Most birders know how good Extremadura is for spring birding. But not everyone may appreciate that it is brilliant in winter too. I hope my forthcoming book encourages more people to visit the area between November and February.
Raptors and their ilk were a mainstay of our birding. Highlights included several Cinereous Vultures (common nowadays; I struggled to see them when in Extremadura in 1994) and Iberian Imperial Eagles nest building in Monfrague (with others on the steppes).
Watching Griffon Vultures at close range is always fun, and even more so when mating & nest building is on the agenda. Noisy fellas, mind - like drunken burros.
At Monfrague national park, we encountered even classier passerines - those associated with rocky habitats. Watching Blue Rock Thrushes was particularly amusing after my Cotswolds twitch of late 2016, and a confiding Rock Bunting was enjoyable. Iberian Magpies, as ever, were pretty in pink.
I saw three new birds for what is laughably called my Western Palearctic list. One - Black-winged Kite - is a bona fide decent bird, albeit one that I should have seen in southern Spain years ago. We saw two on the approach to Laguna Arrocampo, both by the roadside, including one from the motorway. The other two, both in ditches besides rice fields near Madrigelajo, were dubious Category C fodder: Red Avadavat and Common Waxbill. I disgraced myself by christening my brand new camera (a Canon 1D X mark ii, purchased from the very helpful Park Cameras with the co-operation of Canon UK & IE; more on this new body in a later blogpost) with these two pretty plastics. Here's the Waxbill. Rather sweet in its own way.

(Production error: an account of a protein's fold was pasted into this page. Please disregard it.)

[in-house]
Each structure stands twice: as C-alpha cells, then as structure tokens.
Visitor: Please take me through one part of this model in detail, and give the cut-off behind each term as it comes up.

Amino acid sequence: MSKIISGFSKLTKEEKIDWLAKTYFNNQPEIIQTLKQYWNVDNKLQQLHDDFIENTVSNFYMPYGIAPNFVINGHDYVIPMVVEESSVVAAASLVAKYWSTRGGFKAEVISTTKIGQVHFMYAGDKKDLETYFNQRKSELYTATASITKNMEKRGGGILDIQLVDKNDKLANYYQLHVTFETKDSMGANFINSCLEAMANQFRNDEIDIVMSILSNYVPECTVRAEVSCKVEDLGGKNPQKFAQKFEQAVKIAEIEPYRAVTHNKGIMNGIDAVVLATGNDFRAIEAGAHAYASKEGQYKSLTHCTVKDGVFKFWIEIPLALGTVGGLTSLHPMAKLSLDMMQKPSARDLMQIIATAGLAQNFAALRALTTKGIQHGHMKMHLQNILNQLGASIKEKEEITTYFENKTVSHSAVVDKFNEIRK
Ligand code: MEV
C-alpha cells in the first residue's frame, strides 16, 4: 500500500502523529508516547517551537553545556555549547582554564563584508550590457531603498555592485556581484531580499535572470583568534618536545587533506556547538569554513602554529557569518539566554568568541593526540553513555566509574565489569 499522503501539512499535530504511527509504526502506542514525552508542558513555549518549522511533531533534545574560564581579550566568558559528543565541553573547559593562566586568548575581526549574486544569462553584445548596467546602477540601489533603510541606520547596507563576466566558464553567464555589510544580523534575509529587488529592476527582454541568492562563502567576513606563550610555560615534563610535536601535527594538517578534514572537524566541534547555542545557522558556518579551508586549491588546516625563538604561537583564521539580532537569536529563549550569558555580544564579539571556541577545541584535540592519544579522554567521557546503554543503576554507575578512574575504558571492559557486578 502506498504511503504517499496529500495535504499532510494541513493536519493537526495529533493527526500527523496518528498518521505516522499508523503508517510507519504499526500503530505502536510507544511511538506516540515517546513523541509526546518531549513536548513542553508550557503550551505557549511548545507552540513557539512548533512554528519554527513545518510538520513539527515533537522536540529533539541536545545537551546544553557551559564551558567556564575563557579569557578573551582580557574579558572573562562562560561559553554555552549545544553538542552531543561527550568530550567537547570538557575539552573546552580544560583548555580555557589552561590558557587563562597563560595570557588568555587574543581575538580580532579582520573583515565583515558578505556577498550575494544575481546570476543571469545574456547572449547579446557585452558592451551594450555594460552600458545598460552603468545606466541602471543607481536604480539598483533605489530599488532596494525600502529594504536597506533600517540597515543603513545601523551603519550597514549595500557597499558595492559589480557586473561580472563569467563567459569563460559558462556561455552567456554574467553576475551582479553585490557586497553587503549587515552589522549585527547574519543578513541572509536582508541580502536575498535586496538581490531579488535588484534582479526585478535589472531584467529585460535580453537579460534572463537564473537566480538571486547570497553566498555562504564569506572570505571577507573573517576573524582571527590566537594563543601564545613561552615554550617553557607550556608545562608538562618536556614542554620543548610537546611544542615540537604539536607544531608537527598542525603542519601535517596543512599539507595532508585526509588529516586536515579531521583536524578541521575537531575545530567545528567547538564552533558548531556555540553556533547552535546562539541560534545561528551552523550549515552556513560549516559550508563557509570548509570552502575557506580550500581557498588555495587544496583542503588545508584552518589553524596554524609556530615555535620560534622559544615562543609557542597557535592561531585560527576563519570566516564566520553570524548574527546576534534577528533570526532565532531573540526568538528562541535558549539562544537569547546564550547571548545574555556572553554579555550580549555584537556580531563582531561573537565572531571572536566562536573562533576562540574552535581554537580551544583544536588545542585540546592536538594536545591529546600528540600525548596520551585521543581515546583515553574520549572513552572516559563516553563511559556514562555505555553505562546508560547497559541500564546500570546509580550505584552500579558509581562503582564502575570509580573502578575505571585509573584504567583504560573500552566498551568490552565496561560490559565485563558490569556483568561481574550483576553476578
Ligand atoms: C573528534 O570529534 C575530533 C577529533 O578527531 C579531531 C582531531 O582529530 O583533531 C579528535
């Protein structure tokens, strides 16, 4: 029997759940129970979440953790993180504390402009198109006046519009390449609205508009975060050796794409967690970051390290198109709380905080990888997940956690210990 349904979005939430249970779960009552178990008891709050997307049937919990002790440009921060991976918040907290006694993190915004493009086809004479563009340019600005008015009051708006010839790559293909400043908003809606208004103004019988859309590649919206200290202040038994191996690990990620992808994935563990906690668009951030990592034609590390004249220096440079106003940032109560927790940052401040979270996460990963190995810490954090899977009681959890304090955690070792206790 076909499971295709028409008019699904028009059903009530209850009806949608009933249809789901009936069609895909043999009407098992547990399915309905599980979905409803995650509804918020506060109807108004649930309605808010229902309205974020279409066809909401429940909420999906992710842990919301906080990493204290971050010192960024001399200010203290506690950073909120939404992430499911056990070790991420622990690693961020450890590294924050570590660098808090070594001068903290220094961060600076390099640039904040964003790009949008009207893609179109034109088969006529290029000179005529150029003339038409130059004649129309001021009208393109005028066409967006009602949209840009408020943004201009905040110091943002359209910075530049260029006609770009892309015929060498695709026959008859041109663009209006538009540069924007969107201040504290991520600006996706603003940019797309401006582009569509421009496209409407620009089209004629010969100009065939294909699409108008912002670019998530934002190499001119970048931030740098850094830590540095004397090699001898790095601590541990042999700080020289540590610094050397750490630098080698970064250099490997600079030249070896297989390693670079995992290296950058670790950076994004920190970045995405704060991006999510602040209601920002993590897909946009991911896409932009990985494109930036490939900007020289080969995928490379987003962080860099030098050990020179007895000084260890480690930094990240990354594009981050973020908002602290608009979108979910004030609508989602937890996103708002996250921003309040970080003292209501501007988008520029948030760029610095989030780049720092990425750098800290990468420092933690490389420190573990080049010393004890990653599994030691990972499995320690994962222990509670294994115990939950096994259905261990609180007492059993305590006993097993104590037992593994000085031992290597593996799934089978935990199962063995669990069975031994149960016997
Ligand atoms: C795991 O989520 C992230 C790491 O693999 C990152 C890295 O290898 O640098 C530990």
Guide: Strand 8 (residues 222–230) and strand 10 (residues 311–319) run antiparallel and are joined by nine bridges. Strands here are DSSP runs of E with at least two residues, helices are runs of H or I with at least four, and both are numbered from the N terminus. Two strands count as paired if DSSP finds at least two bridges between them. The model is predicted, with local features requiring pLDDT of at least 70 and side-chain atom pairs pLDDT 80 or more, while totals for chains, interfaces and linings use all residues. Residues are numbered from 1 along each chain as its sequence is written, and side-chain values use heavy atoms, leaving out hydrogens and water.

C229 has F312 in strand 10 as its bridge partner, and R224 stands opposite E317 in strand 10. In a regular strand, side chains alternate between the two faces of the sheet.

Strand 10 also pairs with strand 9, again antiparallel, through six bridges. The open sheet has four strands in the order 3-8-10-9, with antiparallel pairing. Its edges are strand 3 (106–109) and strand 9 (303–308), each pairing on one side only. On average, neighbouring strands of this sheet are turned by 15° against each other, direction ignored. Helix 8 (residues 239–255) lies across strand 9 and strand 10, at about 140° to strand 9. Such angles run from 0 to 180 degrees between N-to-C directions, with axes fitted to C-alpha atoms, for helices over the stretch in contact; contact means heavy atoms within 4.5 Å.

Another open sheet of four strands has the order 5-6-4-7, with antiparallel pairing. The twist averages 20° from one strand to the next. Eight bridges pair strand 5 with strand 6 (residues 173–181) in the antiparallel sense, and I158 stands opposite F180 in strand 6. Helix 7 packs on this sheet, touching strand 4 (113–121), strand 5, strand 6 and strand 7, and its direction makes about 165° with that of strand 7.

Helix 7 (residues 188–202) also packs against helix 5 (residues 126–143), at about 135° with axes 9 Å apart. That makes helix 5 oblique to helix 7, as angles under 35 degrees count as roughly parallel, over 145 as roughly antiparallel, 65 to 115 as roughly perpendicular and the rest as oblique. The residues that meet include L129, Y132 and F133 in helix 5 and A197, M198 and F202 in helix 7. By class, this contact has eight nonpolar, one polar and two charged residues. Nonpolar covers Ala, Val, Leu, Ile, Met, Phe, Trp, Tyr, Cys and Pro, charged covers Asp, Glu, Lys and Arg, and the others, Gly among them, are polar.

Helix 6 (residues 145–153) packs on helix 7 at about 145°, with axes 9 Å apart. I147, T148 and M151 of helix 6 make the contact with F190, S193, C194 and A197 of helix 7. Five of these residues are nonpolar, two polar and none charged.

Click to check out my gallery of Spanish wildlife images on my photographic website.
The rice fields were full of passerines: finches, Chiffchaffs, sparrows, Bluethroats, Penduline Tits, larks, Black Redstarts, Hoopoes and more.
On the steppes, we were looking for bigger birds, however. Principally bustards and sandgrouse. We managed a few Pin-tailed and Black-bellied Sandgrouse, but in flight/calling, and not photographable. Little Bustards have declined dramatically in Extremadura (see my BBC Wildlife magazine article on their issues), so it was rather pleasing to bump into a flock of 19. Faring much better are Great Bustards, and we came across an amazing flock of 104 birds, plus a gang of four by the motorway. I managed to misidentify the latter as sheep; Martin was far too polite to giggle.
I also sneakily enjoyed the numerous Red Kites and a couple of Little Owls that had nabbed nest boxes intended for Rollers.
This is the second blog on my recent trip to Extremadura, Spain. The first blog was about Common Cranes, which I will be writing about in my new travel guidebook. The trip came courtesy of Extremadura Turismo and the Spanish Tourist Board. I was guided by Martin Kelsey (below, in his Landrover) and stayed at his lovely casa rural. As Martin said towards the end of our first morning together, as we were watching Hen Harrier and Merlin hunt finches in close association, "in Extremadura, we have big birds, we have little birds, and we have big birds eating little birds". So here is a blog about some of those big birds... and little birds.
Sticking with the little birds theme, there were plenty of the critters out on the pseudo-steppe as well. Indeed, I had not realised quite how noisy the plains are, with singing Calandra Larks and Corn Buntings particularly abundant.